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April 16, 2015

Google rebuffs EU, says Android and Search aphrodisiacs for competition

The search engine says its dominance has not harmed innovation.

By

Google has rebuffed the European Union’s allegations that it is abusing its market dominance in the search and smartphone markets.

In a series of blog posts the search engine claimed that despite its 90% share of the European search market and it subsidiary Android’s 70% share of the European smartphone market, competition was still thriving in the sector.

Amit Singhal, SVP at Google Search, said: "Any economist would say that you typically do not see a ton of innovation, new entrants or investment in sectors where competition is stagnating — or dominated by one player. Yet that is exactly what’s happening in our world.

"Companies like Facebook, Pinterest and Amazon have been investing in their own search services and search engines like Quixey, DuckDuckGo and Qwant have attracted new funding. We’re seeing innovation in voice search and the rise of search assistants — with even more to come."

The comments came after Margrethe Vestager, competition commissioner at the EU, announced on Wednesday that Google would be sent a corporate charge sheet alleging it was unfairly prioritising its Shopping service in its search results.

Responding to these claims Google produced a graph charting unique visitors to shopping sites in the UK, which showed that Google Shopping languished far behind the auctioneer eBay and online retailer Amazon.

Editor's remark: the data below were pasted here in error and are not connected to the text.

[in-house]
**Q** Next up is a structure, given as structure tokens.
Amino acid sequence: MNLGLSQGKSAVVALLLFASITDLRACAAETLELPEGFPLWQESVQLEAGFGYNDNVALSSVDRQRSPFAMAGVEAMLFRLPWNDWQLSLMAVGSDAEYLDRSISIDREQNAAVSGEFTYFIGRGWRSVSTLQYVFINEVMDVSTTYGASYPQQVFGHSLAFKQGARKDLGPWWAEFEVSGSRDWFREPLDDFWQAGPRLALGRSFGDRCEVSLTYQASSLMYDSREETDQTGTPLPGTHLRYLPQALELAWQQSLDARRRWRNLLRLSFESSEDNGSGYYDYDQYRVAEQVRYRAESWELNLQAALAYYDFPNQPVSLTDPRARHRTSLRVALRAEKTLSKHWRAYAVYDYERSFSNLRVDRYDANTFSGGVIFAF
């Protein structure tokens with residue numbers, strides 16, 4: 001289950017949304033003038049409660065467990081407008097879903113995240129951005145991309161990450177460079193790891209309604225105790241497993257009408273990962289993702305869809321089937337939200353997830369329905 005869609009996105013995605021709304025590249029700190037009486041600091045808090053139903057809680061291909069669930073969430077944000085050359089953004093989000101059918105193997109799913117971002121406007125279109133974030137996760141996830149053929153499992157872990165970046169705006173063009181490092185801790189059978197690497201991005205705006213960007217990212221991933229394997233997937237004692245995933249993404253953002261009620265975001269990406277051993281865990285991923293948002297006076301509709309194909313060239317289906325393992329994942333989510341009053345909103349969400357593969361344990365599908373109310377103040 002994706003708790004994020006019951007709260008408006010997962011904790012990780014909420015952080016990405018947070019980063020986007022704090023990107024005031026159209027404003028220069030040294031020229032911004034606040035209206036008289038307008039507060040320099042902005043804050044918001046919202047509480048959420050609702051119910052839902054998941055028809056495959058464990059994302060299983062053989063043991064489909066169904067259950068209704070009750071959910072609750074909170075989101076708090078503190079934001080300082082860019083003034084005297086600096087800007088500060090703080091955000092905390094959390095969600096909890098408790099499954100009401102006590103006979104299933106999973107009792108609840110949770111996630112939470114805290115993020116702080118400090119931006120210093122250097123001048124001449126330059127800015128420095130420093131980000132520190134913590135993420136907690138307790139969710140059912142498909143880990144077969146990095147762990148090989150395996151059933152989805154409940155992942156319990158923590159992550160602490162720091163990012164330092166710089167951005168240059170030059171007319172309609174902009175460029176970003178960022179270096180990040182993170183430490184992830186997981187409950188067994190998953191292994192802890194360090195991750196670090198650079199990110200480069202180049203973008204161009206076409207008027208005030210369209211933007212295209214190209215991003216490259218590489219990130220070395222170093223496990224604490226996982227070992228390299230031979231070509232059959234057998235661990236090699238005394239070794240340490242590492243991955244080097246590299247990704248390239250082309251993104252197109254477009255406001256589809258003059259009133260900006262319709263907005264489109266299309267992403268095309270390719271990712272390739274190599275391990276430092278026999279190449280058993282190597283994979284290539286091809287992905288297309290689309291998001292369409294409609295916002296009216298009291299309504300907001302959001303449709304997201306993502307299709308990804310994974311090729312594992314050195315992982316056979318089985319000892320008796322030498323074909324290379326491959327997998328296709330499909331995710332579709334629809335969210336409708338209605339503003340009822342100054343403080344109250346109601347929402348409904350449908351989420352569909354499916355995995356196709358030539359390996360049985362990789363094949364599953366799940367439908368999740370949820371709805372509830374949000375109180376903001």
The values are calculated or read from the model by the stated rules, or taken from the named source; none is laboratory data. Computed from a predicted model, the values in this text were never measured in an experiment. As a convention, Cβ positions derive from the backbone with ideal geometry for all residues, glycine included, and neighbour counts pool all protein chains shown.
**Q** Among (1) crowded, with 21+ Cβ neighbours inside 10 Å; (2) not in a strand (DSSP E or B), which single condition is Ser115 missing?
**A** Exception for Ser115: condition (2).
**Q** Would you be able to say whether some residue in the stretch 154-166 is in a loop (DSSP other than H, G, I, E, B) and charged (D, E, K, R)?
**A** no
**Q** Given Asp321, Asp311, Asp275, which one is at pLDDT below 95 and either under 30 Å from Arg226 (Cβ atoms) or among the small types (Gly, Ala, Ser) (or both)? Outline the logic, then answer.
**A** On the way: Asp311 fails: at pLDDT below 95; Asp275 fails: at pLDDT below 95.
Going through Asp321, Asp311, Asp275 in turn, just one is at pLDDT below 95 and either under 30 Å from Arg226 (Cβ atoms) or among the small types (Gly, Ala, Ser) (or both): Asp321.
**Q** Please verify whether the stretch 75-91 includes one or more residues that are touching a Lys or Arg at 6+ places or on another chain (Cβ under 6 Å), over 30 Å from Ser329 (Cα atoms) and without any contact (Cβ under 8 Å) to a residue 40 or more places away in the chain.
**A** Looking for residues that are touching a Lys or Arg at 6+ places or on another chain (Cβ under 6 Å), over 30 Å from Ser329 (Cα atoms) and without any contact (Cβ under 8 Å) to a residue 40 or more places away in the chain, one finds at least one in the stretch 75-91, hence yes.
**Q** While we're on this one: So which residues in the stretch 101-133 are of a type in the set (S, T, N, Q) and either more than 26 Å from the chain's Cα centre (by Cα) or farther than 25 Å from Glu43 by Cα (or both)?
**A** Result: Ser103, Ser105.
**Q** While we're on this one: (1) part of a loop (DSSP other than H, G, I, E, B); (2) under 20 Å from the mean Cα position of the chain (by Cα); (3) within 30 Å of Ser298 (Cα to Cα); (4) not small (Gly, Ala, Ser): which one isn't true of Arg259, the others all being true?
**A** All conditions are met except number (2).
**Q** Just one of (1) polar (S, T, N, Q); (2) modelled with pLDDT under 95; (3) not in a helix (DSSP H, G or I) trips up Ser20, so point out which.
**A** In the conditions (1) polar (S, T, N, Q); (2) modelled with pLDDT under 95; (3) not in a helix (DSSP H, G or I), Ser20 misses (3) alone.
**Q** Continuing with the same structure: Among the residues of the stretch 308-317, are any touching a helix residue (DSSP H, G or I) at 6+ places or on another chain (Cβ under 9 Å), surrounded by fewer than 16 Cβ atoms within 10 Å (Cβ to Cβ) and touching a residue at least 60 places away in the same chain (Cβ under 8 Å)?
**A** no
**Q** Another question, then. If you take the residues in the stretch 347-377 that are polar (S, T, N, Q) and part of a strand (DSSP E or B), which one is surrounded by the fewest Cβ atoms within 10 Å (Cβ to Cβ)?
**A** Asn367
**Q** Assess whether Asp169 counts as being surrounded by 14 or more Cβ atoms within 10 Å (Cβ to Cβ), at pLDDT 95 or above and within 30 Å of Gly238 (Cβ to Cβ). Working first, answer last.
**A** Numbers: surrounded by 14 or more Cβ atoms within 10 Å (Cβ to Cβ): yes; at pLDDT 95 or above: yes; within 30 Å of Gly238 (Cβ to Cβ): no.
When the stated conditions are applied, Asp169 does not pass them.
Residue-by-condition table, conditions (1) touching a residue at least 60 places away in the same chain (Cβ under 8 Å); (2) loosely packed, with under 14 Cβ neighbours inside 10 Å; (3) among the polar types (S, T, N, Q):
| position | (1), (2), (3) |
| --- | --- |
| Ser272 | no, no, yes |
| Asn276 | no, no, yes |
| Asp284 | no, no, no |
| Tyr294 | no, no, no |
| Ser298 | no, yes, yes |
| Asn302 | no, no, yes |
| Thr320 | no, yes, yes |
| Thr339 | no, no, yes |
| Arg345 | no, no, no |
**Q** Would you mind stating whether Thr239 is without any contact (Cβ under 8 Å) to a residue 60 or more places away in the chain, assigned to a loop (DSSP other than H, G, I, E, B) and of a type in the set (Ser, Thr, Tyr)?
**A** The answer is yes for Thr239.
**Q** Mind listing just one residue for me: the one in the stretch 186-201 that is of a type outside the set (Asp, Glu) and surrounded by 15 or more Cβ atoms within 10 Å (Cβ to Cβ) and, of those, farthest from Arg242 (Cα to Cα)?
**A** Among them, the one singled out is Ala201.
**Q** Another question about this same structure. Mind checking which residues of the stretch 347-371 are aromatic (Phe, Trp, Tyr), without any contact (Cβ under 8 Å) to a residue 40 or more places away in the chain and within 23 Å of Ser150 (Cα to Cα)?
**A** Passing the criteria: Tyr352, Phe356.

Singhal also addressed complainant firms Axel Springer, Expedia, TripAdvisor, and Yelp, arguing that the firms had seen revenue growth and also invested in the search market.

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"Companies like Axel Springer, Expedia, TripAdvisor, and Yelp have alleged that Google’s practice of including our specialised results in search has significantly harmed their businesses," he said.

"But their traffic, revenues and profits (as well as the pitch they make to investors) tell a very different story."

Writing separately, Android’s VP of engineering Hiroshi Lockheimer argued that the widespread adoption of Google’s mobile operating system had also been a boon for technology due to its open nature.

"Today people are building almost anything with Android — including tablets, watches, TVs, cars, and more," he said. "Some Android devices use Google services, and others do not."

The EU’s complaints are only the latest development in a case that dates back to 2010, when the commission decided to investigate Google.

Speaking to the Financial Times, European officials predicted that these charges were the start of a more vigorous period of EU activism in markets, coming shortly after Vestager took up the role of commissioner.

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